There are two different possible issues here: malpractice, and ethical violations. They're not necessarily the same thing, although some kinds of mistakes might be both.
Malpractice occurs when an attorney's representation falls below the standard of professionalism and competence adhered to by other lawyers in their community, and harm comes to the client as a result. Losing a case is not automatically malpractice; by definition, half the cases that are tried are lost. Not every mistake constitute malpractice. The mistake must be below the standard of professional conduct in the community. Missing a filing deadline or statute of limitations is almost always malpractice (which is why, if you come to an attorney with a filing deadline TOMORROW, they probably won't take the case). Failing to file a response to something that they received is probably malpractice. Advising a client to commit a crime is probably malpractice. However, in order for any of these things to be legally actionable, the client has to suffer some harm as a direct consequence. If your attorney makes a blatant mistake like that, but no harm results - say, because the opposing side dies the next day, and so the case is dismissed - then even though they committed a malpractice-worthy error, you can't sue them for it. (This is true for almost all legal wrongs - to recover, you need to show your damages.)
All Oregon attorneys carry malpractice liability insurance through the Oregon State Bar's Professional Liability Fund. The PLF will defend lawyers accused of malpractice, but it will also pay to either have other, more experienced lawyers fix their mistakes, or will pay the victims of malpractice compensation directly. If you believe you've been subject to attorney malpractice, you can contact the PLF (online at http://osbplf.org/index.asp?page=login ). It would be a good idea to run your situation by another attorney and let them decide whether it merits a PLF claim, and help you make it.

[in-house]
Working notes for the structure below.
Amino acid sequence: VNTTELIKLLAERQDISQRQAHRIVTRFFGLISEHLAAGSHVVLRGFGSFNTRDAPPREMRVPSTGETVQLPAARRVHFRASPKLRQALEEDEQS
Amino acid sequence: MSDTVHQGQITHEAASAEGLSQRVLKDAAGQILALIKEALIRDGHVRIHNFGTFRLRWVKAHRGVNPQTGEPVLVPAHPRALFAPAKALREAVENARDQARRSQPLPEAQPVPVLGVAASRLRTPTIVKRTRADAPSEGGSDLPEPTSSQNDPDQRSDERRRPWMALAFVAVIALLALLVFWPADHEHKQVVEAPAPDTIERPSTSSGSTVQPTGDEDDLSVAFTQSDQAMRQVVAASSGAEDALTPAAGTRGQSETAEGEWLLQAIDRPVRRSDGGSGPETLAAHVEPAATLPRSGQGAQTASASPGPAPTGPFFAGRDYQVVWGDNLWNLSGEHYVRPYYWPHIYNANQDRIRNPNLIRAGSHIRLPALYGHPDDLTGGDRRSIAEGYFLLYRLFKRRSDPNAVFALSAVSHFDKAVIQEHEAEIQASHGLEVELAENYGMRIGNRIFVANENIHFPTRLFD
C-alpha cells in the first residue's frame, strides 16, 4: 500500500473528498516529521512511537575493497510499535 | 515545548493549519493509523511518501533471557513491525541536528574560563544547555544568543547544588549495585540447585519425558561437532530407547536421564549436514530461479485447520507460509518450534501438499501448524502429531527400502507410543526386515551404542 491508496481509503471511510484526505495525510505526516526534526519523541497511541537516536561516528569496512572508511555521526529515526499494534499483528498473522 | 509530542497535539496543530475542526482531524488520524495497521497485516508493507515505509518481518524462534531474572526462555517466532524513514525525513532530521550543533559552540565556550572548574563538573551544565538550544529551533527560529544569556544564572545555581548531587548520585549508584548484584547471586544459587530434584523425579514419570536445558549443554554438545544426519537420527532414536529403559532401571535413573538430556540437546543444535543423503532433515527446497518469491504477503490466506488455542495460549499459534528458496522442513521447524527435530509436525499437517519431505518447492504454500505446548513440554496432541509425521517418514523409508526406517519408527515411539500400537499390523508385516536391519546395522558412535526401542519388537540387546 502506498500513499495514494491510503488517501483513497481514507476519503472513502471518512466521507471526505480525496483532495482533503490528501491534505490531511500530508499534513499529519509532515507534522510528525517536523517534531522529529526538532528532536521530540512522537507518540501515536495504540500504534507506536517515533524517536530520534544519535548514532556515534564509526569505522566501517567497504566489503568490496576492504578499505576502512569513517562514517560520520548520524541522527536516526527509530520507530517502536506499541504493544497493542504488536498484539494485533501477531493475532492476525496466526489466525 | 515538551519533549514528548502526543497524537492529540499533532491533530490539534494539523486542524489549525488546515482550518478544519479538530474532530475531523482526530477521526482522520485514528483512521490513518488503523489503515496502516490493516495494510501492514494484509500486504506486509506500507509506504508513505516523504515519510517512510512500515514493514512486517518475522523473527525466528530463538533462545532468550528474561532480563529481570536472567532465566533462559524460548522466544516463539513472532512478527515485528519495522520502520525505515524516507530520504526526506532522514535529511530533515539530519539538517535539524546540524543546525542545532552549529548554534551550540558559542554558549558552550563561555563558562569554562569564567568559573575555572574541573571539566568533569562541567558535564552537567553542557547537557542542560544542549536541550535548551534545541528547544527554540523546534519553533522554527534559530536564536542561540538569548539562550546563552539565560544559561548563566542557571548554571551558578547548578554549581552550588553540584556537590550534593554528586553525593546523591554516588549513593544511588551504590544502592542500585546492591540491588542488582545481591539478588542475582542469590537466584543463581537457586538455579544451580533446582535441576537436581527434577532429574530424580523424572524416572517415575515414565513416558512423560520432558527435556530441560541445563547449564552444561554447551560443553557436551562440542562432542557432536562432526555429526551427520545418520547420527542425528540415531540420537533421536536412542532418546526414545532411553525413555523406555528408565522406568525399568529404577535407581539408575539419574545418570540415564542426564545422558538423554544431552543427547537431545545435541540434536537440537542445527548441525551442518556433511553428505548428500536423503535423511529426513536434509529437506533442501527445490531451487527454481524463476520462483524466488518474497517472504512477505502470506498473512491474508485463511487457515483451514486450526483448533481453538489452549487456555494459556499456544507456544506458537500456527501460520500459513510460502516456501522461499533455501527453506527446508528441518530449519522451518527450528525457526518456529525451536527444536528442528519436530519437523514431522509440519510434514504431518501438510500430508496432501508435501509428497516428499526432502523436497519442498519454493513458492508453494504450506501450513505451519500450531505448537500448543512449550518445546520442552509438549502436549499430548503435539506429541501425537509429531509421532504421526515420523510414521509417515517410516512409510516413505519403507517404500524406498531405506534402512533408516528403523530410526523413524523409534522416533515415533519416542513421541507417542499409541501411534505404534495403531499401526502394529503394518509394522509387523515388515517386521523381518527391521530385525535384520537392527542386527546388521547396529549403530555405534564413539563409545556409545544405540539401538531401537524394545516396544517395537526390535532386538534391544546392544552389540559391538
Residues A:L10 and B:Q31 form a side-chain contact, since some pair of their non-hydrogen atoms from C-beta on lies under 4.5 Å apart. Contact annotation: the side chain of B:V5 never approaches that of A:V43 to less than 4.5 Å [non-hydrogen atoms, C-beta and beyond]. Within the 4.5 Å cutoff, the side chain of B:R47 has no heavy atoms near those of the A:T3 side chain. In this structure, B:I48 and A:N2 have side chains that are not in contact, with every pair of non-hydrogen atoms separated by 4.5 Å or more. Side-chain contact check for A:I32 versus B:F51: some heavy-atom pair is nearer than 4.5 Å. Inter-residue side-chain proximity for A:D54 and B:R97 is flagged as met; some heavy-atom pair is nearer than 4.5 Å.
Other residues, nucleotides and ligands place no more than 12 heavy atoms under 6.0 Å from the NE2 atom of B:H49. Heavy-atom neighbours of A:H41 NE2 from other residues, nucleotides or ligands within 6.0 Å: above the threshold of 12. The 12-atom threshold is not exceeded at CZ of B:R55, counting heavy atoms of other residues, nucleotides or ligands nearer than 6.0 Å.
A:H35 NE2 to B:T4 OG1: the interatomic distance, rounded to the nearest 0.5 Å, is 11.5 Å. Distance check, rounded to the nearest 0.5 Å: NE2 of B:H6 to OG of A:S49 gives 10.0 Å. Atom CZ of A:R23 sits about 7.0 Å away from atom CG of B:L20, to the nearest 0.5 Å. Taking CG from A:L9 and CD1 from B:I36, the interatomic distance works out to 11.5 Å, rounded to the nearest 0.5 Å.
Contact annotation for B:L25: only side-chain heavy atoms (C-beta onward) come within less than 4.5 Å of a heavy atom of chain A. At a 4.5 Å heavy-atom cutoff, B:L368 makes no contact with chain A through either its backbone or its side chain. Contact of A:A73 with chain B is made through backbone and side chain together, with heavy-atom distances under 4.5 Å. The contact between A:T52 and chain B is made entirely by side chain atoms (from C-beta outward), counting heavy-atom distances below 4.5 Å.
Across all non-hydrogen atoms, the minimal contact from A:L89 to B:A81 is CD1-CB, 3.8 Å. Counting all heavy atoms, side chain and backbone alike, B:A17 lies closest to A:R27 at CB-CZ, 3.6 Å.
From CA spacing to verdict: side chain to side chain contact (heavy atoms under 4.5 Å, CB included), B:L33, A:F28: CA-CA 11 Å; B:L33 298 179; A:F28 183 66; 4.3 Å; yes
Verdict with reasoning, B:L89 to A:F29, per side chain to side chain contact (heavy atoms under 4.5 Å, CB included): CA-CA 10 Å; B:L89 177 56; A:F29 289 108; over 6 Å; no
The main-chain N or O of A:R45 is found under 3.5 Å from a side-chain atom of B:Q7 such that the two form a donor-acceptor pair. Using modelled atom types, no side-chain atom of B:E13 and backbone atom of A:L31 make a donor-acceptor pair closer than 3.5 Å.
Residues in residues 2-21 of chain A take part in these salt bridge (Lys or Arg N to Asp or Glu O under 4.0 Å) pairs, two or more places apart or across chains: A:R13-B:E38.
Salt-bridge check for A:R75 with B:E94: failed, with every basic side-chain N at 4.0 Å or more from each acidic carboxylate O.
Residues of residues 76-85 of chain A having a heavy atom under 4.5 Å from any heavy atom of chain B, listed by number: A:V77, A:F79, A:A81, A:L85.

Ethical breaches are different. An attorney commits an ethical breach when they fail to adhere to the Oregon Rules of Professional Conduct. Ethical breaches are actionable even if they don't cost the client any money. Ethical breaches might include agreeing to settlements without the client's consent (though the client doesn't need to consent to every technical and strategic decision in a case), failing to communicate with reasonable promptness, or filing motions to do things on your behalf that you didn't want to do (unless, perhaps, you were legally required to do so).
Ethical breaches should be reported to the Oregon State Bar's Client Assistance Office (online at http://osbar.org/cao ). There may be a variety of options open to you, depending on exactly what happened.